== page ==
Notes in Common Time, after András Schiff, on the Piano Sonatas of Beethoven

Piano Sonata 32 in c, Op. 111 (1822). The CulturalRites article is here.

Piano Sonata 31 in A♭, Op. 110 (1821). The CulturalRites article is here.

Beethoven, Op. 110 autograph, 3rd movement, conclusion of the second iteration of the Klagender Gesang (Courtesy: www.omnifacsimiles.com)

Beethoven, Op. 110 autograph, 3rd movement, conclusion of the second iteration of the Klagender Gesang (Courtesy: http://www.omnifacsimiles.com)

Piano Sonata 30 in E, Op. 109 (1820). The CulturalRites article is here.

Beethoven: Op. 109, aria of the third movement

Beethoven: Op. 109, aria of the third movement

Piano Sonata 29 in B♭, Op. 106 (1818). The CulturalRites article is here.

The Peace River, from my window, 16 December 2011, Beethoven's birthday. (Photo: Hendrik Slegtenhorst)

The Peace River, from my window, 16 December 2011, Beethoven’s birthday. (Photo: Hendrik Slegtenhorst)

Caravaggio's Dagger

Caravaggio’s Dagger

Piano Sonata 28 in A, Op. 101 (1816). This work never deserts the open spaces of the earthbound mind. The opening allegretto, whose presence returns before the commencement of the final movement’s optimistic fugue, is a marvel of beauty restrained, but also freed of the pulse of time. By virtue of the rising three note figure that accelerates the diatonic fall of the first two notes of the phrase to its concluding third, I am constantly reminded of other works, not all of which I can identify, that employ a similar device. One that is identifiable is the theme of the opening sinfonia of Bach’s Cantata 156, which is the epigraph to the eulogy for my father, “Ashes of the Oceanic Sun,” in my book, Caravaggio’s Dagger.

My favourite memory of where I much thought of Beethoven's Op. 90. Davis Bay, Sechelt, Vancouver Island, BC. 14 May 2002. (Photo: Hendrik Slegtenhorst)

My favourite memory of where I much thought of Beethoven’s Op. 90. Davis Bay, Sechelt, Vancouver Island, BC. 14 May 2002. (Photo: Hendrik Slegtenhorst)

Piano Sonata 27 in e, Op. 90 (1814). The CulturalRites article is here.

Uri Mayer (Courtesy: communications.uwo.ca)

Uri Mayer (Courtesy: communications.uwo.ca)

Piano Sonata 26 in E♭, Op. 81a (1810). I have long been intrigued by this sonata, not so much for its emotional pictorialism, but because its opening is paraphrased in the opening of Mahler’s Ninth Symphony, a work of profound feeling. The finest interpretation I have is heard was that by the Edmonton Symphony Orchestra, conducted by Uri Mayer, when I lived in Edmonton in the 1980s. It would have shortly after I first became acquainted with and enmeshed by Richard Wagner’s Der Ring des Nibelungen after having acquired the ground-breaking recording by Georg Solti under the technical guidance of John Culshaw.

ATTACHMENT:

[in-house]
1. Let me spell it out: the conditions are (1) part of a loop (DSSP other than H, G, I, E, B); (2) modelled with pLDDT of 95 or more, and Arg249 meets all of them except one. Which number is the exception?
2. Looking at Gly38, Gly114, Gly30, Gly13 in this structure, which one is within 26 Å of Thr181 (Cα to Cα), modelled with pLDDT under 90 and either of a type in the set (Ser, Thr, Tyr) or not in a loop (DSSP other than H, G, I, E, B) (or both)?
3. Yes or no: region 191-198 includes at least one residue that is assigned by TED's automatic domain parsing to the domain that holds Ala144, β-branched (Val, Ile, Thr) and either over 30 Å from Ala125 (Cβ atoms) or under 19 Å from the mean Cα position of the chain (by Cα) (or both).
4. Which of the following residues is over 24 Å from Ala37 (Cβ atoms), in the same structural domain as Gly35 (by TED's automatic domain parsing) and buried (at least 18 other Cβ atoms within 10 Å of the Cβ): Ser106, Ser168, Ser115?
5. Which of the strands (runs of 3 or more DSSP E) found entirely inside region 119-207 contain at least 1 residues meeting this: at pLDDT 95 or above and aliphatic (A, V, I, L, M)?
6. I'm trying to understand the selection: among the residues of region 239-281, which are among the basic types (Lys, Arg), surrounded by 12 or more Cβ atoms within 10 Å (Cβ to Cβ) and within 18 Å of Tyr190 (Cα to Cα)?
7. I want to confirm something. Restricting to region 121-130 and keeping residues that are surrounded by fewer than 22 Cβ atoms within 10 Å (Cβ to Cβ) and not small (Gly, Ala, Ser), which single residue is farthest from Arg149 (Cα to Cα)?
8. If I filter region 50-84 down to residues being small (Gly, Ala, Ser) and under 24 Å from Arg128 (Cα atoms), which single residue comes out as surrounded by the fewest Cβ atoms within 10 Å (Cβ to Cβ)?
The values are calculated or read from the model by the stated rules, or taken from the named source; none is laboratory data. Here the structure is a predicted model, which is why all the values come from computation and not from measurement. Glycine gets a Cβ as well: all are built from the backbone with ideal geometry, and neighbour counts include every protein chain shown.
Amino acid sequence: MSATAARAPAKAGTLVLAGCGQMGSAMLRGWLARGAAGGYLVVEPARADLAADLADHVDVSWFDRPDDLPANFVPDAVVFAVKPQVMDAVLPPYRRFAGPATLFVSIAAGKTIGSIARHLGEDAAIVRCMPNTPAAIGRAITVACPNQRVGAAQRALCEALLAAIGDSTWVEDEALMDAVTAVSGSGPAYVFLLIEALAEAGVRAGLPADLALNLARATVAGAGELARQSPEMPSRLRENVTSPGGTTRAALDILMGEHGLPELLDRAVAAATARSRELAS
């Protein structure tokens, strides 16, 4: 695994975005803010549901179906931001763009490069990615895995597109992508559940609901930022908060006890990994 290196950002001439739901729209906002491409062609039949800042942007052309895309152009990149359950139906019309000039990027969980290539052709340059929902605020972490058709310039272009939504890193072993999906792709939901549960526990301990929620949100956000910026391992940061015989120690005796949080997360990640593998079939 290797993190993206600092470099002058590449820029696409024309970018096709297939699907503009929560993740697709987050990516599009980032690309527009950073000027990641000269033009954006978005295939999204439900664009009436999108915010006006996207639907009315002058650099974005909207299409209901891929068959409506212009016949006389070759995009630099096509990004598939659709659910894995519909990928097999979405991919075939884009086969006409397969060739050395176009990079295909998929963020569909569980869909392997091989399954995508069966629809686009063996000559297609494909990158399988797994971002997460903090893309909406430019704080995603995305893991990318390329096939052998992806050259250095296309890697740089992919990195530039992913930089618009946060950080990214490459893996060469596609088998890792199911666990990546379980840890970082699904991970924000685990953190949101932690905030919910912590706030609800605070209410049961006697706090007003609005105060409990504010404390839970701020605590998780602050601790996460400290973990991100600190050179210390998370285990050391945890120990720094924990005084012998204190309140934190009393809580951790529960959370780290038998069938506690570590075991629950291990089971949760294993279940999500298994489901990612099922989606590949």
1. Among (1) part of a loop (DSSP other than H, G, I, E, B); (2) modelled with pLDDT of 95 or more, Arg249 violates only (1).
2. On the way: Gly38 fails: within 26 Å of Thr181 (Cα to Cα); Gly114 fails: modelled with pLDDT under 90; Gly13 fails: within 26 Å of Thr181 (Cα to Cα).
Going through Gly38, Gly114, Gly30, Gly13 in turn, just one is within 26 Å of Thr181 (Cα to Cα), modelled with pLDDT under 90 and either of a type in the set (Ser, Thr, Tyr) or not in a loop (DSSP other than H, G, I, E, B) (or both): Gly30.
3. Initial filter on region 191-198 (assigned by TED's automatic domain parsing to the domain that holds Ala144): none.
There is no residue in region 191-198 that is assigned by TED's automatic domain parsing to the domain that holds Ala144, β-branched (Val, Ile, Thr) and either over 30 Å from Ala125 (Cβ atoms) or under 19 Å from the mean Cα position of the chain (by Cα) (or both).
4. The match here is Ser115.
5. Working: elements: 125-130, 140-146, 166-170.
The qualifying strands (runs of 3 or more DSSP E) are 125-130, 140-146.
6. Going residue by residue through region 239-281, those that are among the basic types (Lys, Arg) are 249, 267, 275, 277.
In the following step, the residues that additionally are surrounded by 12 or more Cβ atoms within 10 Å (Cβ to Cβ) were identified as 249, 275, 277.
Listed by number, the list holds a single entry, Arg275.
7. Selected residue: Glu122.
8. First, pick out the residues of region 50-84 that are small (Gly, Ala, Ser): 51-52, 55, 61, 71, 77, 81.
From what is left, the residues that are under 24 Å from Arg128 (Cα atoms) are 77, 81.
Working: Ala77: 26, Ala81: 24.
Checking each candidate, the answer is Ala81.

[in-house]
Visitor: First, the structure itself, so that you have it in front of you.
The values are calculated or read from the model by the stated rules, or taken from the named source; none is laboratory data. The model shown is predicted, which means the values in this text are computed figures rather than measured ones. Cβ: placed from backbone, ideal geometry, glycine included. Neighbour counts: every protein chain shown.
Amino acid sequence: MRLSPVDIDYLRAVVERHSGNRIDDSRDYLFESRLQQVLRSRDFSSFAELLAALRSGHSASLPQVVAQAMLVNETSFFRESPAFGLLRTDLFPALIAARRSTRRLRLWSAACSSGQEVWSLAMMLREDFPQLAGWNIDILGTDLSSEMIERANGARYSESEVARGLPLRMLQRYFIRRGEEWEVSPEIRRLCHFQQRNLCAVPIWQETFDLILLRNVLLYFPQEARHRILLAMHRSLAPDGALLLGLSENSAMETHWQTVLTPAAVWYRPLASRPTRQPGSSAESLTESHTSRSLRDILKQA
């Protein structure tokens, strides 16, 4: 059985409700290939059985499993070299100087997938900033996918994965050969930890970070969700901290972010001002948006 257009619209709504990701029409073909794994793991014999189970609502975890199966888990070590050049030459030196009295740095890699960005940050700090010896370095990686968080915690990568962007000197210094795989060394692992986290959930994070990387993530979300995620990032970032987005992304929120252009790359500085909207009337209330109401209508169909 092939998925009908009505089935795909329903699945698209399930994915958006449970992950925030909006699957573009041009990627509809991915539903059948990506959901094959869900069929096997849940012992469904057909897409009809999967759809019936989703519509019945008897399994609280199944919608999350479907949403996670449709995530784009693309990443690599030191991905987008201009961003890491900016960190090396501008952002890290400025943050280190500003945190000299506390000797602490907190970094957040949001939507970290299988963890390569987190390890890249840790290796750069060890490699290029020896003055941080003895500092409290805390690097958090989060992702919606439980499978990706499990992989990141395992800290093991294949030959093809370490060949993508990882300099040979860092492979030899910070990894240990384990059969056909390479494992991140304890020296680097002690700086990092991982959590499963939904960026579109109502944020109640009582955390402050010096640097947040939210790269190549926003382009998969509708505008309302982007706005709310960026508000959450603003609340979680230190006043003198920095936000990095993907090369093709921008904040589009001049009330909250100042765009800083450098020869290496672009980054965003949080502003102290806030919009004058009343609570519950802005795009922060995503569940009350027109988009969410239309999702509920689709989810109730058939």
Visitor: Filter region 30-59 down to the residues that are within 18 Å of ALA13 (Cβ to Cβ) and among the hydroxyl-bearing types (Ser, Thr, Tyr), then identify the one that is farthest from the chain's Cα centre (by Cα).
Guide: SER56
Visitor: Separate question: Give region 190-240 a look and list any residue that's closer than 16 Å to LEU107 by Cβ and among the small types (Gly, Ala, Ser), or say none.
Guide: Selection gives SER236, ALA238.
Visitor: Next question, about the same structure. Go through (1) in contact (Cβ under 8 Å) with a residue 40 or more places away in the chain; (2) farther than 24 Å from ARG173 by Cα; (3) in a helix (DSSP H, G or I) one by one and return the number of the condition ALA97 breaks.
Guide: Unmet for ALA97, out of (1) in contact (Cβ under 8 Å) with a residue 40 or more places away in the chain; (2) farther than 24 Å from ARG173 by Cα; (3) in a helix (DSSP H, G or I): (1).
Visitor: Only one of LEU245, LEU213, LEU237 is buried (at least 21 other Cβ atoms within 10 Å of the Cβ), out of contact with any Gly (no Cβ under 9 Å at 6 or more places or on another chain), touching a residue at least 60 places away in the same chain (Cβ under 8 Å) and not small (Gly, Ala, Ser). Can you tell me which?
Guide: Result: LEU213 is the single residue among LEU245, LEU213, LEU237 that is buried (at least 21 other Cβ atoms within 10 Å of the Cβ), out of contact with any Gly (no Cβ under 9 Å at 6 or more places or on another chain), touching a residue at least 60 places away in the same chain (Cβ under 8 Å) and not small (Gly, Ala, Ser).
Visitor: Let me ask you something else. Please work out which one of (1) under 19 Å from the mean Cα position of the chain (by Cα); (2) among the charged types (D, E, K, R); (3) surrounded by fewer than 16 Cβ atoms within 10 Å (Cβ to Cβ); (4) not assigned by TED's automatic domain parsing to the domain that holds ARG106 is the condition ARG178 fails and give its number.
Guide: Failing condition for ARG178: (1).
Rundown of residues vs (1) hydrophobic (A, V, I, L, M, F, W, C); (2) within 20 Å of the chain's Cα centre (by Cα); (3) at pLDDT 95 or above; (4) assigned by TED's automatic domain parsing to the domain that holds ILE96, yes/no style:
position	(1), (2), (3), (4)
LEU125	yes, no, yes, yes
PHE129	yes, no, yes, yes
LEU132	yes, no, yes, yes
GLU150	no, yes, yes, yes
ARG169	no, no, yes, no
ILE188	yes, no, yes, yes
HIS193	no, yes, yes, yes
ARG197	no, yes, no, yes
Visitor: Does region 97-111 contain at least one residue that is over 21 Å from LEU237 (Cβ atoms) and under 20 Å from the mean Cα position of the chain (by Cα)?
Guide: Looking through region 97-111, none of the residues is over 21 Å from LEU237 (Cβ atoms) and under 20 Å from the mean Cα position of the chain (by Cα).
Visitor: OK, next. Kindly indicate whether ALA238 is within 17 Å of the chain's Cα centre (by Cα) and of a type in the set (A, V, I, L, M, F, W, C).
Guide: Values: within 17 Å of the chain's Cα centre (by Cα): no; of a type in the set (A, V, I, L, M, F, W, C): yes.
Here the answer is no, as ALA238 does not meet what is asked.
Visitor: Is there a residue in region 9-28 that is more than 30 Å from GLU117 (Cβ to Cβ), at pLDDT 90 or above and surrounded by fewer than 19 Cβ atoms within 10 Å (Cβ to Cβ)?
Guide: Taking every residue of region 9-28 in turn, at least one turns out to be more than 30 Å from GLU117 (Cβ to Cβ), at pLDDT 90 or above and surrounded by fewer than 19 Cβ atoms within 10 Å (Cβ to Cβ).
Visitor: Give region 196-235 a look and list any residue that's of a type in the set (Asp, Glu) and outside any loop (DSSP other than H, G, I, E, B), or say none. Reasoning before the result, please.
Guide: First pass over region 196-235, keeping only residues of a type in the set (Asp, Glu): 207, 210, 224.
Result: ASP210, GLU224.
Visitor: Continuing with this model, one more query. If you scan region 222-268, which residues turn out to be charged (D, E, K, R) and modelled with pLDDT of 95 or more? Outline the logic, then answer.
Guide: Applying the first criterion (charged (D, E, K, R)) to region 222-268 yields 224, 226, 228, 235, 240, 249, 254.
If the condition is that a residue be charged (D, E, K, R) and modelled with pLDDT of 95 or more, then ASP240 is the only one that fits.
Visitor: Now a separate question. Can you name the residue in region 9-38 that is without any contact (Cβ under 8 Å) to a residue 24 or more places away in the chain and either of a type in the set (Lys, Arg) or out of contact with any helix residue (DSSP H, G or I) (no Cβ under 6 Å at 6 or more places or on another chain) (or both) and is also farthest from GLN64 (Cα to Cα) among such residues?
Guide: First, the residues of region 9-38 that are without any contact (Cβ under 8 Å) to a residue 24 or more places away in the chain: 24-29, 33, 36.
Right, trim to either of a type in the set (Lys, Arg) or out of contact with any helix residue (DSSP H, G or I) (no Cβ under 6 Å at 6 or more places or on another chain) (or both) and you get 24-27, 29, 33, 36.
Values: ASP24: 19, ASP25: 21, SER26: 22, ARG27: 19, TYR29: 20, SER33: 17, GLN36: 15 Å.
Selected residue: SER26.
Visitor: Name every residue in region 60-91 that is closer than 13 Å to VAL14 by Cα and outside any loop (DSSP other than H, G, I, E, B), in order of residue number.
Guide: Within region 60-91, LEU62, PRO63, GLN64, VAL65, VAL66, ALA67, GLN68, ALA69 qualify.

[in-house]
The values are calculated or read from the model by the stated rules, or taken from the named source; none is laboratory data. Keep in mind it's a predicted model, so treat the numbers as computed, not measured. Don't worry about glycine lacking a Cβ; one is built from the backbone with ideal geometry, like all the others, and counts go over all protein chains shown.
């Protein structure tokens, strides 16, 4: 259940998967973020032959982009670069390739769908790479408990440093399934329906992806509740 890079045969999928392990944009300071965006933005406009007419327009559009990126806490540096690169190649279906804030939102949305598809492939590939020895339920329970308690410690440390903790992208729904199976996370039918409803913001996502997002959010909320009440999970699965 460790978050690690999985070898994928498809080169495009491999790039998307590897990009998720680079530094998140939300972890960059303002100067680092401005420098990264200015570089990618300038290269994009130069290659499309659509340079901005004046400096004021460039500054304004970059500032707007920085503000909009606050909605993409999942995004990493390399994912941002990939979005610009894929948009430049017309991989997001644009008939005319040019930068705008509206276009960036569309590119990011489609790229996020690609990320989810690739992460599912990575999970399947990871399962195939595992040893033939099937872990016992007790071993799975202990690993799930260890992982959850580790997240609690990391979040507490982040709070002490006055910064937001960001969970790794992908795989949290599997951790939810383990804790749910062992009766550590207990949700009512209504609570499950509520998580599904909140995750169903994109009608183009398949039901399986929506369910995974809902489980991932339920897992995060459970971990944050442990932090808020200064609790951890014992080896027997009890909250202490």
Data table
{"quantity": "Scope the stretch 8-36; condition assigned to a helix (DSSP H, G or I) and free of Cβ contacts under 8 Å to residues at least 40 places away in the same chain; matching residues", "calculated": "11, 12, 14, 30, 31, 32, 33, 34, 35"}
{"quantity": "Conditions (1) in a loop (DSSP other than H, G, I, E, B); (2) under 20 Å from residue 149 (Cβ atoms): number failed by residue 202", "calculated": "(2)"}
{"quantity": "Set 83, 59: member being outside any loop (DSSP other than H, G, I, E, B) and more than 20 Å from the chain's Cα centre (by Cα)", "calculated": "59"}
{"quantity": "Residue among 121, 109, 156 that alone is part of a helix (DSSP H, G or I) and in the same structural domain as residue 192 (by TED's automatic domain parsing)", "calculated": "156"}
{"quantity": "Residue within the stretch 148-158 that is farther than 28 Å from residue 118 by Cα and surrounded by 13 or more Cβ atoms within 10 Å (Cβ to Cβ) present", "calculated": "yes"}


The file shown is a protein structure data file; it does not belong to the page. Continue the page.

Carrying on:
I suppose it is reasonable to remark that an analogous sense of disconnectedness and yearning for return is expressed in my poem “Mahler and Freud Meet in Leiden,” my home town in the Netherlands. It was published by Saskatoon’s Grain in its issue 41/4 in 2013.

Piano Sonata 25 in G, Op. 79 (1809). Tedesca, barcarolle, dance.

Piano Sonata 24 in F♯, Op. 78 (1809). The first four bars never recur, but influence all that follows. Schiff says no one plays it better than Schnabel. This is likely so for voicing, articulation of the tied 16th note figurations, and pedalling.

Piano Sonata 23 in f, Op. 57 (1806).

Piano Sonata 22 in F, Op. 54 (1804).

Piano Sonata 21 in C, Op. 53 (1804).

Piano Sonata 18 in E♭, Op. 31/3 (1802). The last piano sonata in four movements. No slow movement. A rococo minuet. A presto finale the French call la chasse.

Piano Sonata 17 in d, Op. 31/2 (1802). The sonata is full of concentration of expression and themes, frequently with alteration between major and minor modes, and with the final movement carrying the greatest weight of the work, and so producing a decisive equilibrium of balance not often found elsewhere. There are also new allusions to the Es ist vollbracht aria from Bach’s Johannes-Passion.